IBM (IBM 0.13%) co-founded OpenPOWER, which open-sourced reference designs and firmware for systems powered by its Power CPUs, back in 2013. That move expanded IBM's base of Power CPU customers, undermined Intel's (INTC 2.13%) dominance of the server market, and tethered more companies to its ecosystem.

IBM recently expanded that strategy by open-sourcing its Power CPU architecture alongside reference designs for its Open Coherent Accelerator Processor Interface and Open Memory Interface, which both maximize memory bandwidth between processors and attached devices.

Simply put, Big Blue is offering the world a blueprint for making their own CPUs. This could be great news for companies, especially Chinese ones, that want to reduce their dependence on proprietary technologies from other countries. But this could also be terrible news for Intel, AMD (AMD 3.70%), and other chipmakers.

An illustration of a CPU on a motherboard.

Image source: Getty Images.

Why is IBM doing this?

IBM previously manufactured and sold its Power CPUs to other companies in the automotive, medical equipment, military, aerospace, and gaming markets. Its CPUs notably powered Microsoft's Xbox 360, Sony's PlayStation 3, and the Nintendo Wii -- but it lost those markets to AMD and NVIDIA in the latest console generation.

IBM eventually realized that the unprofitable Power CPU business was a dead weight and that it couldn't challenge Intel's near-monopoly in the data center market. In 2015 it agreed to pay GlobalFoundries $1.5 billion over the following three years to take over its chip manufacturing business. That deal was passed on to Samsung's foundry earlier this year.

IBM still uses Power CPUs in its own servers and mainframes, but no longer generates meaningful revenue from third-party sales. Therefore Big Blue had nothing to lose by open-sourcing designs for its Power CPUs, which can be installed in a wide range of devices, to the world.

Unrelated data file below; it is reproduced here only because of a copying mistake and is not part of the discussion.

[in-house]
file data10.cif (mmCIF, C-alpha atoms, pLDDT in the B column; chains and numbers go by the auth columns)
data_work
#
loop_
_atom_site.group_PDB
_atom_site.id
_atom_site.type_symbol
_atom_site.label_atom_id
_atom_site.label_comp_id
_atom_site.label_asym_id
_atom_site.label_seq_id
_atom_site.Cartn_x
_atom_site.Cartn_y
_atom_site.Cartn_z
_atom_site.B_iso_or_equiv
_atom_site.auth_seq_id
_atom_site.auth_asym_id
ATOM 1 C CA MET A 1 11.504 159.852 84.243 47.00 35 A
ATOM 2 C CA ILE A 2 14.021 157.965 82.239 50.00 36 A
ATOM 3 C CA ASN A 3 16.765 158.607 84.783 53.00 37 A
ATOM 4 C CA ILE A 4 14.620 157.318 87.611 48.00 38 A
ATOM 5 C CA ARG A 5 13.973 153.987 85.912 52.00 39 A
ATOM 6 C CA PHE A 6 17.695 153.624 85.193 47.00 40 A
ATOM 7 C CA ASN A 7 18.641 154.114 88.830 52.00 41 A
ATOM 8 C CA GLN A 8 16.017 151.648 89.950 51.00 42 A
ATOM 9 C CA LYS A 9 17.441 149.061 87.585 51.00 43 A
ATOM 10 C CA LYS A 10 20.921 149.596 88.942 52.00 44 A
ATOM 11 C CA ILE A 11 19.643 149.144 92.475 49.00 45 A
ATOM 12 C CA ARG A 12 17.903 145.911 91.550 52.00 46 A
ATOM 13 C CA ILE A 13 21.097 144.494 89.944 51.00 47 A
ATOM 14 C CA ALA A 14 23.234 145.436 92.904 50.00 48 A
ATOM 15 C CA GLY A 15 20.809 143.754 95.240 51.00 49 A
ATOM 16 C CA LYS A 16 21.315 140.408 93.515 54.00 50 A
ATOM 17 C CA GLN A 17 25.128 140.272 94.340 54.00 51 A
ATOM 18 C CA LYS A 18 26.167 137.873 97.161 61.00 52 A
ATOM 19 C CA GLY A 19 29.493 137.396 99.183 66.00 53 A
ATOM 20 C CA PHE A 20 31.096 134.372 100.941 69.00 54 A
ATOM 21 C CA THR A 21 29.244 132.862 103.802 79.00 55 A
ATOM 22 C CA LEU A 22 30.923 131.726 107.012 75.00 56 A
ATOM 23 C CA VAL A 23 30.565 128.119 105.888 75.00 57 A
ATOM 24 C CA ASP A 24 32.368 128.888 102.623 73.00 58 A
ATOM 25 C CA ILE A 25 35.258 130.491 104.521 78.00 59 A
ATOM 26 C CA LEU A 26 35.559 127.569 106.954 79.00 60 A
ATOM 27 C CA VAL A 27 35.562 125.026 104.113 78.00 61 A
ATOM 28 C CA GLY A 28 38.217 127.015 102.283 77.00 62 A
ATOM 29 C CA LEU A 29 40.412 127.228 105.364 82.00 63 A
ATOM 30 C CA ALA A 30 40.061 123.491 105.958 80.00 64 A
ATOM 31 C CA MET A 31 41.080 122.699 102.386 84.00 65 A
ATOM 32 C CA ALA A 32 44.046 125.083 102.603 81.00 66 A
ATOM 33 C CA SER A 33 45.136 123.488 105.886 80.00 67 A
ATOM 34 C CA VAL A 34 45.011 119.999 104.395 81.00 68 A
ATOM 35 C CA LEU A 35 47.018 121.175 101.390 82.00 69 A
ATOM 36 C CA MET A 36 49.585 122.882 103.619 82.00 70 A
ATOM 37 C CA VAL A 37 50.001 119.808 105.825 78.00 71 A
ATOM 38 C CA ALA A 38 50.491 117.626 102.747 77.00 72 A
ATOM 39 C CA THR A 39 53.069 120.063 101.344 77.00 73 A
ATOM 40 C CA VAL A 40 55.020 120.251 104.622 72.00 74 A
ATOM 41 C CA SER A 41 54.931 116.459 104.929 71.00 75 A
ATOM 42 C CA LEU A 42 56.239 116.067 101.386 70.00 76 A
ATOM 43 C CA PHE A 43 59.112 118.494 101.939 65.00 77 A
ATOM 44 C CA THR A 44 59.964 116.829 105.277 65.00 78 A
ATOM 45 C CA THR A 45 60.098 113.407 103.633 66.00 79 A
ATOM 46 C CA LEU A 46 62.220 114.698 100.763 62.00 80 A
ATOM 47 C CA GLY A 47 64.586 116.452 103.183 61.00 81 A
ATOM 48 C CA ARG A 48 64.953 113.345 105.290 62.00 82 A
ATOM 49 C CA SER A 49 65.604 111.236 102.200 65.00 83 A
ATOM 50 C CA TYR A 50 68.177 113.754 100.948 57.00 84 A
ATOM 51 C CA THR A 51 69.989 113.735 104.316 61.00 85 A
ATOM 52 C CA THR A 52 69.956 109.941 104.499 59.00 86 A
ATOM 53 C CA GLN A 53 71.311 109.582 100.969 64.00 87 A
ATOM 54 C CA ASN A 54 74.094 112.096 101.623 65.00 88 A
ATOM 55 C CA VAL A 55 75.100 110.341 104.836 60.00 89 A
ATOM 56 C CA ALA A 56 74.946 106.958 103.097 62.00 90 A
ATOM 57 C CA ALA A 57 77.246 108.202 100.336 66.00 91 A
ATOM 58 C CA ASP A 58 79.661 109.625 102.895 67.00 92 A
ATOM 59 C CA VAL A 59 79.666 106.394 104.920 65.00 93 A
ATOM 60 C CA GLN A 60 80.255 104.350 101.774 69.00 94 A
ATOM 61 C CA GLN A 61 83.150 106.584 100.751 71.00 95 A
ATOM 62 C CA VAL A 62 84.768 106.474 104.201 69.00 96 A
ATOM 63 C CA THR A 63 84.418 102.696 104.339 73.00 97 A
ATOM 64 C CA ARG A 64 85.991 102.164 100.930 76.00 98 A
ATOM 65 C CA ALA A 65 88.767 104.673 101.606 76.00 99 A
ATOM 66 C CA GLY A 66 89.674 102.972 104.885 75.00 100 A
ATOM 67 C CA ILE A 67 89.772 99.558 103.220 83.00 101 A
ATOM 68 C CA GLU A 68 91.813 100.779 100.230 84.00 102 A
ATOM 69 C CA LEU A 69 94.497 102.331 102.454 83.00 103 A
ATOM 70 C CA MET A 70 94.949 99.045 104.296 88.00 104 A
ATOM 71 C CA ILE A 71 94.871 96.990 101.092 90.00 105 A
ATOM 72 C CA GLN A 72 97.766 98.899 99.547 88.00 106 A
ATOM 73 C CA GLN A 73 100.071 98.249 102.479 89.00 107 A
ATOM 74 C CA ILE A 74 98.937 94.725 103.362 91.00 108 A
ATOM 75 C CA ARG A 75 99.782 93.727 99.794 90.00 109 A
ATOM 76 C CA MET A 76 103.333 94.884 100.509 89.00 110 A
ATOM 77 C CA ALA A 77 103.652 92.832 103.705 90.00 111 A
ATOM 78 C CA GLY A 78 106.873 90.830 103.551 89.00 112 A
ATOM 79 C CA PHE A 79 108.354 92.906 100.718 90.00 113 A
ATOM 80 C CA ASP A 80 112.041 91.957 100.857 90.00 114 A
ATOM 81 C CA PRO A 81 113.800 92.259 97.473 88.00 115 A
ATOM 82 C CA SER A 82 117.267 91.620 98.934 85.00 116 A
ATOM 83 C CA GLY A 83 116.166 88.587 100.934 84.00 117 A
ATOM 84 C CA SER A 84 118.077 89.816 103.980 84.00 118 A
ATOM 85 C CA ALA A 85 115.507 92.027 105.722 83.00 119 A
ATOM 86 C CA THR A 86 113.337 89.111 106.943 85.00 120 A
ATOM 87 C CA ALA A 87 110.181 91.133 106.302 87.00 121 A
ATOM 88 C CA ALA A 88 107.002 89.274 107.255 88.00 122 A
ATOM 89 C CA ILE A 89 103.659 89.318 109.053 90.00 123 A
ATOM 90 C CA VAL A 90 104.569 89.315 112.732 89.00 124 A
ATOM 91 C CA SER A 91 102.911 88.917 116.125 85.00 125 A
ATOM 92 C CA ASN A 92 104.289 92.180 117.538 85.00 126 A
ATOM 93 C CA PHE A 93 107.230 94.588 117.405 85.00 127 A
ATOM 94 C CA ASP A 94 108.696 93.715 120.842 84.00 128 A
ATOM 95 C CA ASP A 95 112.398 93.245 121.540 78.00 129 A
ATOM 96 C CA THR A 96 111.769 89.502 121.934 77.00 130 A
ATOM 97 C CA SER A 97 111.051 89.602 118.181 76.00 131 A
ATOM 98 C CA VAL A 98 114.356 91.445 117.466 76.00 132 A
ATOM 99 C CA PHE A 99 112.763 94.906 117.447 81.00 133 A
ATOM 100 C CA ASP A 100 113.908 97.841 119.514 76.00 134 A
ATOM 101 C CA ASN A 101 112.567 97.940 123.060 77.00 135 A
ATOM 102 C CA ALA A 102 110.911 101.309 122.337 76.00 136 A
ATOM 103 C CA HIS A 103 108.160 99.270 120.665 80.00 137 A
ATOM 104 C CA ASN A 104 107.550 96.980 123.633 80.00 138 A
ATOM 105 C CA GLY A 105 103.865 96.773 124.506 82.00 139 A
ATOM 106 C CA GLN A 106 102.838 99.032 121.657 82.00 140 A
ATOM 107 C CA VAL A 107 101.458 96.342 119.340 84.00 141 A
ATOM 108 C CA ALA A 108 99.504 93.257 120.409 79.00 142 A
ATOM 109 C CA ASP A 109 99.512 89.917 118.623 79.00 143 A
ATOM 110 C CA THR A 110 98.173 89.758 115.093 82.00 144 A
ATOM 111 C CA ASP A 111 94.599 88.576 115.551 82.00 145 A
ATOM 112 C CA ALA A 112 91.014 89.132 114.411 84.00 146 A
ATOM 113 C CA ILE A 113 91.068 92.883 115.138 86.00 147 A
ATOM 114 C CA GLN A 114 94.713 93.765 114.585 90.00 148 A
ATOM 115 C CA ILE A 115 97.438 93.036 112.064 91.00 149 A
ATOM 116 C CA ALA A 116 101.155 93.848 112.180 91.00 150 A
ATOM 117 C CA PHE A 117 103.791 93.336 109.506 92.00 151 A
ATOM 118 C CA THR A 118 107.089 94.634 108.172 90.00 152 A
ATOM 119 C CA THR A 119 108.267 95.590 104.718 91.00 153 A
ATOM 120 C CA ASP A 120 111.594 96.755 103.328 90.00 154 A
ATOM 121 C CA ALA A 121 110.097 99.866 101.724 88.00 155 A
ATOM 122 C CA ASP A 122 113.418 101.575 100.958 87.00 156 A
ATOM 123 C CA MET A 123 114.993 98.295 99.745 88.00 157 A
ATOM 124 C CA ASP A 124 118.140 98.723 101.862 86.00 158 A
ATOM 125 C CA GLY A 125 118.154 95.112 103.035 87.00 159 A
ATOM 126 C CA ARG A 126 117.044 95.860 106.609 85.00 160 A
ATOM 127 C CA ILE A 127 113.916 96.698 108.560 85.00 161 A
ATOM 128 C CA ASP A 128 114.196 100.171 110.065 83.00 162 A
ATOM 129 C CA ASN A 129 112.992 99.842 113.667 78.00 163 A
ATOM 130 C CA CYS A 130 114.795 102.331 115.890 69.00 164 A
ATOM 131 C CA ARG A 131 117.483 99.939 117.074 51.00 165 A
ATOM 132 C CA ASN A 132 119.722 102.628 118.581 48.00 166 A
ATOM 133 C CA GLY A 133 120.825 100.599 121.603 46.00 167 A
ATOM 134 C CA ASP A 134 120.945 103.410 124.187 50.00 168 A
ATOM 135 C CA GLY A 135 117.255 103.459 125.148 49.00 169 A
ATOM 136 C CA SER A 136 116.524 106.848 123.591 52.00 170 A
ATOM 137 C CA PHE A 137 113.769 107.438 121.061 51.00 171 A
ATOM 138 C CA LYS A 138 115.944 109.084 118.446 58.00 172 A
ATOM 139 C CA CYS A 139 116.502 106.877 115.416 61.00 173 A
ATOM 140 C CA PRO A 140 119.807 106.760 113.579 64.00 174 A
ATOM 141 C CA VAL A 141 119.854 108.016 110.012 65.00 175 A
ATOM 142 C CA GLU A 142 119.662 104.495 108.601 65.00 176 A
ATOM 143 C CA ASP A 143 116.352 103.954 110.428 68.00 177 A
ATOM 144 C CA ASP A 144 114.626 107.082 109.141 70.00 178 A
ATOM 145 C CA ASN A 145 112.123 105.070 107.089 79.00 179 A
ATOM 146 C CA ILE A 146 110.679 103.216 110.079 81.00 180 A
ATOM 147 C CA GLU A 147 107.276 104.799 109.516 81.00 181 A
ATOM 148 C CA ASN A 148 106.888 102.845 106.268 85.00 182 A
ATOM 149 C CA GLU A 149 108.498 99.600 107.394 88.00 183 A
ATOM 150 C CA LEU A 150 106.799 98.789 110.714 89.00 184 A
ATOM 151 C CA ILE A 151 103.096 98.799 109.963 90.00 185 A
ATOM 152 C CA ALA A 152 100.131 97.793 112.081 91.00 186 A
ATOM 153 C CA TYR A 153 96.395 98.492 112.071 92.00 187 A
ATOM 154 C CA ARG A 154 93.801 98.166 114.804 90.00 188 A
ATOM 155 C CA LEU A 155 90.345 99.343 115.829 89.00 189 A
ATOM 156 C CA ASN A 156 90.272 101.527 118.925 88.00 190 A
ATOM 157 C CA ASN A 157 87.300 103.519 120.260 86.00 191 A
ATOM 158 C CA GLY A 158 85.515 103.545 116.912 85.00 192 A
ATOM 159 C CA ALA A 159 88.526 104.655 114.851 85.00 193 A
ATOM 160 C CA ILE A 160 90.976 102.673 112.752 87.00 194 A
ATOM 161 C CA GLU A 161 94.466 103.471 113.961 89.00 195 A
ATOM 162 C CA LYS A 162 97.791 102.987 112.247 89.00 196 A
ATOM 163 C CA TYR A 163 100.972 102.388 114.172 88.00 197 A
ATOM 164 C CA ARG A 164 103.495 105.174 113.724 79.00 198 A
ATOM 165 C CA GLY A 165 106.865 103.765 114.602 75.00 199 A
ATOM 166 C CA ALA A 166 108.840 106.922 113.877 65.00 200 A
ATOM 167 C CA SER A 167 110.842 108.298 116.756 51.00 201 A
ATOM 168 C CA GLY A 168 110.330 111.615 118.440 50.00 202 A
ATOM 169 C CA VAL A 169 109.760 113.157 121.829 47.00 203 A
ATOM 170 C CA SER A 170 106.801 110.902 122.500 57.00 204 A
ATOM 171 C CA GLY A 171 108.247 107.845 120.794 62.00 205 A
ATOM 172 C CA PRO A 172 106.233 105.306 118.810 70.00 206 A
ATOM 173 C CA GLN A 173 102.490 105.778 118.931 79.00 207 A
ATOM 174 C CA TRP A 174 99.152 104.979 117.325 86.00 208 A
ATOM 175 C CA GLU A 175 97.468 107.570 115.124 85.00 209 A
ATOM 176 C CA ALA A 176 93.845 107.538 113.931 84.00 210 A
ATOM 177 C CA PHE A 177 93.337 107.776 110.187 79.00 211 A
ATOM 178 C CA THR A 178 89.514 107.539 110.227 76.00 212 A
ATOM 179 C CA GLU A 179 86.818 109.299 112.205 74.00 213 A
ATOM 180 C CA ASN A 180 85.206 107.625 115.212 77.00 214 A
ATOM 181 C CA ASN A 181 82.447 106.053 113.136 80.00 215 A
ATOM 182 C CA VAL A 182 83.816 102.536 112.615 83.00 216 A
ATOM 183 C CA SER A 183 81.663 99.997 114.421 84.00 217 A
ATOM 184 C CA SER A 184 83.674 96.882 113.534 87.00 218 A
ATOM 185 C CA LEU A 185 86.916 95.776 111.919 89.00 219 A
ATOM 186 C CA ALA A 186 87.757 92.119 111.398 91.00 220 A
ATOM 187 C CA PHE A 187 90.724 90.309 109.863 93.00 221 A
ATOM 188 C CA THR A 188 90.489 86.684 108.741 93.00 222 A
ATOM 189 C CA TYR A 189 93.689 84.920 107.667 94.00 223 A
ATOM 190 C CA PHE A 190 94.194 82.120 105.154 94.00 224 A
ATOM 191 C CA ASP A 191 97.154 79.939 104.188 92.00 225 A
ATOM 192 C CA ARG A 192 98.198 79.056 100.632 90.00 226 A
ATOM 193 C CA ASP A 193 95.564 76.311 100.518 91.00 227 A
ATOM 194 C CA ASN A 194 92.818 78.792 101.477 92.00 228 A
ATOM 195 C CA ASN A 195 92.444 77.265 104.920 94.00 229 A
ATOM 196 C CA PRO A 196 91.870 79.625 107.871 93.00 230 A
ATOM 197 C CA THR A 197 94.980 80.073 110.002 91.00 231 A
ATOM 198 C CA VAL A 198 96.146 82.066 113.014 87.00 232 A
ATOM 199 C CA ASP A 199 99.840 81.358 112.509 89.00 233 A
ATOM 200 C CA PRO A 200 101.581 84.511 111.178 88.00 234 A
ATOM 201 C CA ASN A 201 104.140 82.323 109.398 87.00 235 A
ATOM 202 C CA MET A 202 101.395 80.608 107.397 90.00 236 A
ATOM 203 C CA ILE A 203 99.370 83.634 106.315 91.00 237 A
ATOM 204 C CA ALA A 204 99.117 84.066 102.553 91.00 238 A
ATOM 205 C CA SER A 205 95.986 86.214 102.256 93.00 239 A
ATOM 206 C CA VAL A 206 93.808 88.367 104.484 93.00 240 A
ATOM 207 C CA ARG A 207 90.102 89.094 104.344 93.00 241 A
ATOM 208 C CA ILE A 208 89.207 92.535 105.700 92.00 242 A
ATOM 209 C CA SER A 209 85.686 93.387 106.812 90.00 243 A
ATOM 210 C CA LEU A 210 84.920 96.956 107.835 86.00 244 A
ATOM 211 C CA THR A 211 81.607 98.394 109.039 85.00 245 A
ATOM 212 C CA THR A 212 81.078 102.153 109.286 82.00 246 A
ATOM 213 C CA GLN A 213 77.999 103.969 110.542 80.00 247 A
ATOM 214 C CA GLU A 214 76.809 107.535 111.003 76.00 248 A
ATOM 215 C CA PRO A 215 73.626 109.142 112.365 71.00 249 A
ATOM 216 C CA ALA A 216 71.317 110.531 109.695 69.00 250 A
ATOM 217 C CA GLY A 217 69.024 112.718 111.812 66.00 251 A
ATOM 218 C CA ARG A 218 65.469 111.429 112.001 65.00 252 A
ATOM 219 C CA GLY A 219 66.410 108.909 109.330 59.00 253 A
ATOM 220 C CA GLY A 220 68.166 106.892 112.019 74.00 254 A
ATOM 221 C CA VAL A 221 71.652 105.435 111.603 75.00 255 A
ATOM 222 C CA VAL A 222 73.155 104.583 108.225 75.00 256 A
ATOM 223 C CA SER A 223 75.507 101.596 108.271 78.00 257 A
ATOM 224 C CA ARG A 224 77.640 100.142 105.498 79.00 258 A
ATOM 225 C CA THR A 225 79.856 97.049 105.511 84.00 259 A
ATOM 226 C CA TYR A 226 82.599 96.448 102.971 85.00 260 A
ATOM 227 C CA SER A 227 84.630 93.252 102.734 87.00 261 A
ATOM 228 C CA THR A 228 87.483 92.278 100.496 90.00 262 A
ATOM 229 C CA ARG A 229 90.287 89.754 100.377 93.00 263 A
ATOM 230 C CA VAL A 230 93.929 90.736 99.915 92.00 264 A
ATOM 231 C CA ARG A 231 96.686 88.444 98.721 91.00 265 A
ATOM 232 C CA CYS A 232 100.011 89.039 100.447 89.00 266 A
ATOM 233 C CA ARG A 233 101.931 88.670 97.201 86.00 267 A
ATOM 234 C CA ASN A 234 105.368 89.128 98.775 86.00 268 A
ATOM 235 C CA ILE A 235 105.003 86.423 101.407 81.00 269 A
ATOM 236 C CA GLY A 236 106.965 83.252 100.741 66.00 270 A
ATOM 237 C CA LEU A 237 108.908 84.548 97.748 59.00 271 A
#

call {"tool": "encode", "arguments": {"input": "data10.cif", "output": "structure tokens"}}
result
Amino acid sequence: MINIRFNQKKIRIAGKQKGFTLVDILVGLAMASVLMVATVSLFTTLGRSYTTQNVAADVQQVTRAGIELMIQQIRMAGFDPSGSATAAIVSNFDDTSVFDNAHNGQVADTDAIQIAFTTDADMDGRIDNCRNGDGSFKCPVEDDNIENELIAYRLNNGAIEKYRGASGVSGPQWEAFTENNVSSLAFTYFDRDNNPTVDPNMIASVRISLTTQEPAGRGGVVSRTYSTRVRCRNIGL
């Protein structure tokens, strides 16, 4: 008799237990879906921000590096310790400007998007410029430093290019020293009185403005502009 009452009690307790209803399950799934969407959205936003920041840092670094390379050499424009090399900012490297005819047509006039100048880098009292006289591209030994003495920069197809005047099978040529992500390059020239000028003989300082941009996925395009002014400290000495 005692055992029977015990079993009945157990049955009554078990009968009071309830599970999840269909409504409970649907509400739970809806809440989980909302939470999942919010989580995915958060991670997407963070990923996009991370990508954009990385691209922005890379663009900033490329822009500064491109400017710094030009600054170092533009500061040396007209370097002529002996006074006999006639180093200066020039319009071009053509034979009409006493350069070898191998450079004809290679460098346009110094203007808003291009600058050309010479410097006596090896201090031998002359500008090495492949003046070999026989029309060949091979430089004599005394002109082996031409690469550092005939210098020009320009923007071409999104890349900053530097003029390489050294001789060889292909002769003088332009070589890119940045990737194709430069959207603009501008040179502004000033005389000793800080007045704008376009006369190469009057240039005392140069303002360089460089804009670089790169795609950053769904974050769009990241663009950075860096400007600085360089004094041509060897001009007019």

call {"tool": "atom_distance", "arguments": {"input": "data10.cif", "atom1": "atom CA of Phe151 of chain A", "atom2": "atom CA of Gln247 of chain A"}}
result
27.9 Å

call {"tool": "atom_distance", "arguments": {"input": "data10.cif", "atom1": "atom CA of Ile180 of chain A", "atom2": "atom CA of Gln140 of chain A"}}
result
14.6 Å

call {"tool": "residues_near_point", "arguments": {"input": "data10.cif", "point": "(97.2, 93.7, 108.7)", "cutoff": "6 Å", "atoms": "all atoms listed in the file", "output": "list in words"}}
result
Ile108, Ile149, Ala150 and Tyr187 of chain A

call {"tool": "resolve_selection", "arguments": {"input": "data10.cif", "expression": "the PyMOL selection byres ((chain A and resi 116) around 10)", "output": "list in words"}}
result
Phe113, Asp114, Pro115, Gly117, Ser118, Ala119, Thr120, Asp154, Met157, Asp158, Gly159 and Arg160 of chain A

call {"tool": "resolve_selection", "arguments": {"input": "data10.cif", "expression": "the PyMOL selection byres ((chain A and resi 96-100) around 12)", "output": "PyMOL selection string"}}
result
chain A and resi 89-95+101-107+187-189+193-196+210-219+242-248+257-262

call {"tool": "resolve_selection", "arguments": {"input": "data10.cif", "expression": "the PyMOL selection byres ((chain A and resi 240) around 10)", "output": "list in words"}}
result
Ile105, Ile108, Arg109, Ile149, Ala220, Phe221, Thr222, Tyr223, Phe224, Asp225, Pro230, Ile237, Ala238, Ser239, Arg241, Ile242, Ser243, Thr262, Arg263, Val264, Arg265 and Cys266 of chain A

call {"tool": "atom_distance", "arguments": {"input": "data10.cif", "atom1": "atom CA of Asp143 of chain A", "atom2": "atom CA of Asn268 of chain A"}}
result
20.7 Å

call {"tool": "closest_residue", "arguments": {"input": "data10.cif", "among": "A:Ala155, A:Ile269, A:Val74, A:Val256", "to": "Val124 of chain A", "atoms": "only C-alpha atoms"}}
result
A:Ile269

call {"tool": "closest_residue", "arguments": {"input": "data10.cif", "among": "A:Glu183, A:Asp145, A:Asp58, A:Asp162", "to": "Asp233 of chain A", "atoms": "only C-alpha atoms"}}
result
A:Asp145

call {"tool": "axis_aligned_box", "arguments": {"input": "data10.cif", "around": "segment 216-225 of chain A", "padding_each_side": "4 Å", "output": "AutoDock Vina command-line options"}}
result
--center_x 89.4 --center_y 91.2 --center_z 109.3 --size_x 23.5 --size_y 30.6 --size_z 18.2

IBM's decision to open-source those designs could also curry the favor of China, which is desperately trying to reduce its dependence on Intel and AMD's CPUs with homegrown chips. Chinese companies previously gained access to AMD's Epyc server CPU designs via a complex joint venture, but the Trump Administration's trade blacklist severed that connection in late June.

Servers in a data center.

Image source: Getty Images.

IBM's open-source approach is immune to those blacklists, and will likely be embraced by companies like Huawei, which can now use the Power architecture to build new 5G infrastructure, network switches, and Internet of Things components. These companies could also tweak the designs to develop new PC and mobile processors.

Offering an open-source olive branch to China amid the escalating U.S.-China trade (and tech) war could also significantly improve Big Blue's reputation in the country. IBM's revenue in China fell 8% last year due to lower enterprise spending, but gaining more OpenPOWER allies in the country (which might buy more software and cloud services from IBM) could offset those declines.

Why is this bad news for Intel and AMD?

Intel and AMD's businesses are both built on the assumption that x86 chips would dominate computing platforms for the foreseeable future. However, many open-source workloads on servers no longer require x86 chips, and hyperscale cloud companies -- like Amazon, Microsoft, and Alphabet's Google -- are now designing their own in-house chips to cut costs and optimize their hardware for certain tasks.

IBM's decision to open-source its Power architecture will enable those companies (many of which are already part of its OpenPOWER alliance) to reduce their dependence on Intel and AMD at an even faster rate. That's bad news for Intel, which is already struggling with sluggish sales of its industry-standard Xeon server chips, as well as AMD, which relied on higher sales of Epyc chips to offset lower year-over-year sales of its GPUs last quarter.

Both chipmakers could also see their orders to China plummet if Chinese chipmakers develop a Power-based CPU that matches the Xeon or Epyc's processing power. Those scenarios sound bleak, but they probably won't happen anytime soon. So Intel and AMD investors shouldn't lose sleep over IBM's OpenPOWER move yet.

The key takeaways

IBM's OpenPOWER move is a smart strategy which could eventually crack Intel and AMD's duopoly in the CPU market. It won't generate any near-term revenue for the company, but it extends an olive branch to China, and it might expand its software and services ecosystem to more enterprise customers.